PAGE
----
The fisherman's marina is
the original marina in Darwin. The newer one is Cullen Bay. Cullen Bay is one of
those marinas that was built as part of an upscale residential development. A place
for the upper middle class to keep their fishing boat close to home. The fisherman's
marina on the other hand is operated by the Port Authority and is set up to serve the
local fishing fleet. When the fleet is out (April to November), they allow
visiting yachts to
use the facilities to help offset the costs.
The lock gates had been broken for about a week when the harbor
master told us to come around at 2:00pm because she was sure they would be fixed by
then. At 2:00 sharp we were there waiting to go in, but the harbor master was not
responding on the radio. We could see people working on the outer gate. In fact, it
looked very much like a typical government type project, one person was working and 10
more were standing around watching. We tried a couple of more times on the radio,
before we got through to the harbor master, she was one of the people standing around
watching. They were expecting the repairs to be completed soon.
After an hour of waiting and not being able to get
any updates on the radio, we flagged down a passing speed boat and sent our trusty scout,
Dave D., ashore with a radio to reconnoiter the situation. Dave hung around and
provided us along with the other 7-8 boats that were waiting with periodic updates on what
was happening at the locks. About 8:00pm we finally made it though the newly
repaired locks, wondering if they would be working the day we wanted out.
The fisherman's marina, locally known as the Duck
Pond is definitely a commercial affair. Concrete wharves, truck tires for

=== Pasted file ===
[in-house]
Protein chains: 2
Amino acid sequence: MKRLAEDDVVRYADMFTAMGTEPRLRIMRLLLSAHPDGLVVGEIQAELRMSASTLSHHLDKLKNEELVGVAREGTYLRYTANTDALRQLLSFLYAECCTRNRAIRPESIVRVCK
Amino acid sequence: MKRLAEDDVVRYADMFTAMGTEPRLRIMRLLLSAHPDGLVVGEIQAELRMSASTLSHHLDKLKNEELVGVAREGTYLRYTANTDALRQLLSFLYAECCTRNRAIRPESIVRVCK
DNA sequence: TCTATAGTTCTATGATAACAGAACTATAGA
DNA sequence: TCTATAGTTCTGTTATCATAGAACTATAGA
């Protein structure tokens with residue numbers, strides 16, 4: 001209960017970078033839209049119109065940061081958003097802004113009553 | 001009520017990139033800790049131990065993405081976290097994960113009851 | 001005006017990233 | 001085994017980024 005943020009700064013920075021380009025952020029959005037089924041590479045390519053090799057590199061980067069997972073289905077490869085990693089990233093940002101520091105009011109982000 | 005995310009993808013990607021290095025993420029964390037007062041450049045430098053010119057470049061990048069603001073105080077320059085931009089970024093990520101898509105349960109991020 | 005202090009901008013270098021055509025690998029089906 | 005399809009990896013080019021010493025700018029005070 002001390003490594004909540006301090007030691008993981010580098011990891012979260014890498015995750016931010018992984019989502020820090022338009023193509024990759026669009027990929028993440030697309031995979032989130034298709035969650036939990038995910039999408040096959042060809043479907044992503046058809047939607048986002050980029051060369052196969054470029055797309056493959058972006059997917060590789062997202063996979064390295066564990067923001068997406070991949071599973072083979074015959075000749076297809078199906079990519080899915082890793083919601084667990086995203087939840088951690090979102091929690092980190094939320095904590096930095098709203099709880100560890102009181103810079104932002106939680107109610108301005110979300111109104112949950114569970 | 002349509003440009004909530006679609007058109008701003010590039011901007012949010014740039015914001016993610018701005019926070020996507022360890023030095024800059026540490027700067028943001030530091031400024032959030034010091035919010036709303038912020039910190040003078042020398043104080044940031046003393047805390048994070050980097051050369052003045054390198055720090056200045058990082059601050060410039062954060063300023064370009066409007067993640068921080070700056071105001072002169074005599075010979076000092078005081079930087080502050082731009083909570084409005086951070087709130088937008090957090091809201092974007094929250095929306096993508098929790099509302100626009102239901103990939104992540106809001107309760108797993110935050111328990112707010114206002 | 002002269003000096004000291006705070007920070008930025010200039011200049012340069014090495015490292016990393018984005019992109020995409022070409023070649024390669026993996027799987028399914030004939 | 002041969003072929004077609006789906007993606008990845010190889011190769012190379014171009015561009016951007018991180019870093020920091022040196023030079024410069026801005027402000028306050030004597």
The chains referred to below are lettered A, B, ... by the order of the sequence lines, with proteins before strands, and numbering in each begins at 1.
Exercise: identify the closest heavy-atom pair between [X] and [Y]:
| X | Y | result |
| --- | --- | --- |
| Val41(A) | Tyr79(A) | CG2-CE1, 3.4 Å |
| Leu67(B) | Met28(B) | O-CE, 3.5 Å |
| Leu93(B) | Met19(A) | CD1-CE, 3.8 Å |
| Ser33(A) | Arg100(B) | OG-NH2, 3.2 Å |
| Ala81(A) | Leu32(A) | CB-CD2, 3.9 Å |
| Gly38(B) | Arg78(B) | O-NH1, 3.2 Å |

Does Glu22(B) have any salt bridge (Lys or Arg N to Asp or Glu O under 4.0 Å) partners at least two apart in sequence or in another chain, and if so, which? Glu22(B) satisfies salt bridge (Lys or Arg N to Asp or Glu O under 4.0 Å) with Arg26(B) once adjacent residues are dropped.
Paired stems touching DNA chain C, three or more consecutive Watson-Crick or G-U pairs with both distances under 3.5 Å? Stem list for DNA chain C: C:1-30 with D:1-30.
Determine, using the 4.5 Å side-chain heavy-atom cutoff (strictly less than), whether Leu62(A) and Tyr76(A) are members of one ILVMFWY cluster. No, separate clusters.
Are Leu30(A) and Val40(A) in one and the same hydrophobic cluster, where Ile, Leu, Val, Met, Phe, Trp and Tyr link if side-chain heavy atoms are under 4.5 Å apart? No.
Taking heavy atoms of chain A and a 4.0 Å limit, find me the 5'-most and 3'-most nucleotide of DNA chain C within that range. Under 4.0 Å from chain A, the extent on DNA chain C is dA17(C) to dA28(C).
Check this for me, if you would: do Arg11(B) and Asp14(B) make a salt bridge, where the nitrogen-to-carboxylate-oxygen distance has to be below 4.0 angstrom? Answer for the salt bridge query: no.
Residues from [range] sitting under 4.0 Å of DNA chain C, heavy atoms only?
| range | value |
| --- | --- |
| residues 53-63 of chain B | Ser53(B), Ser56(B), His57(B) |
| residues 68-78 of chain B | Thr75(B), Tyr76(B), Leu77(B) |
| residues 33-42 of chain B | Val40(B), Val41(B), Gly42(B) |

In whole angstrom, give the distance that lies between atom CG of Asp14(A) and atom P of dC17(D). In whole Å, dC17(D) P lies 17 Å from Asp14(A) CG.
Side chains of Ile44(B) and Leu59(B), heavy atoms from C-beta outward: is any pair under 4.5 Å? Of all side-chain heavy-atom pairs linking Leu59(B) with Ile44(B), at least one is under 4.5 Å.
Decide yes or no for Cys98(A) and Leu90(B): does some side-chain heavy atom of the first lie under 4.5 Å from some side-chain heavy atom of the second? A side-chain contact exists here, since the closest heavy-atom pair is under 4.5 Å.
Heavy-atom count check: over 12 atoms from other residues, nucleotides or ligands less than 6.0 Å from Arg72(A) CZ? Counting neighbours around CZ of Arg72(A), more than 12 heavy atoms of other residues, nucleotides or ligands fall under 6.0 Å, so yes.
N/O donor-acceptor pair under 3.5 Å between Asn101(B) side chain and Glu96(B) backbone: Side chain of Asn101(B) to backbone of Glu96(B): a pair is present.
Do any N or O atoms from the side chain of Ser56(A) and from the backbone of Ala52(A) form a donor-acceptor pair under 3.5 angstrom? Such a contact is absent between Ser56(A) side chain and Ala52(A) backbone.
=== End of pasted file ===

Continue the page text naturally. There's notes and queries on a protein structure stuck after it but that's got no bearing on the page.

buffers, big steel pilings and stern-to tie ups. The one big plus is that it is only a 10
minute walk to down town. Not that there is much there.
The whole marina was designed for 90 foot steel
trawlers. 30 to 40 ft sailboats definitely looked out of place. Of course I
was also the smallest boat on the wharf. Most of the others in the 45-55 foot
range. Yankee Two, a 70 foot primo ketch was there as well. I was between two
50 foot steel ketches.
On one side was a guy who's wife had just walked out
on him. On the otherside was a group that had setout from Sydney bound for
Freemantle. They had mechanical problems and had to return to Darwin. With
the onset of cyclone season they decided to put their boat on a truck for the rest of the
journey. Laurie, the owner, had bought the boat in Sydney and was trying to sail it
home for repairs. Engine failures in Brisbane and gearbox failure in Darwin, just
put him too far behind in his schedule to make it before the cyclones set in.
While in Darwin I needed to have my main compass
repaired. It had sprung a leak just before Bali and was drying out quickly. I
did not want to sail any farther with out it than I had to. The only repair center
for Australia was in Perth so it had air expressed there and back. Most places that
would have meant 3-4 days. In Australia, you are looking at 10.
Compass fixed, and new crew aboard, it was finally
time to leave. Since the lock only operated 7:30 to 4:30 and we wanted to catch the
tide out the next morning at 5:00am, we left the afternoon before, saying good-bye to all of
our new friends and anchored in Fannie Bay one last time.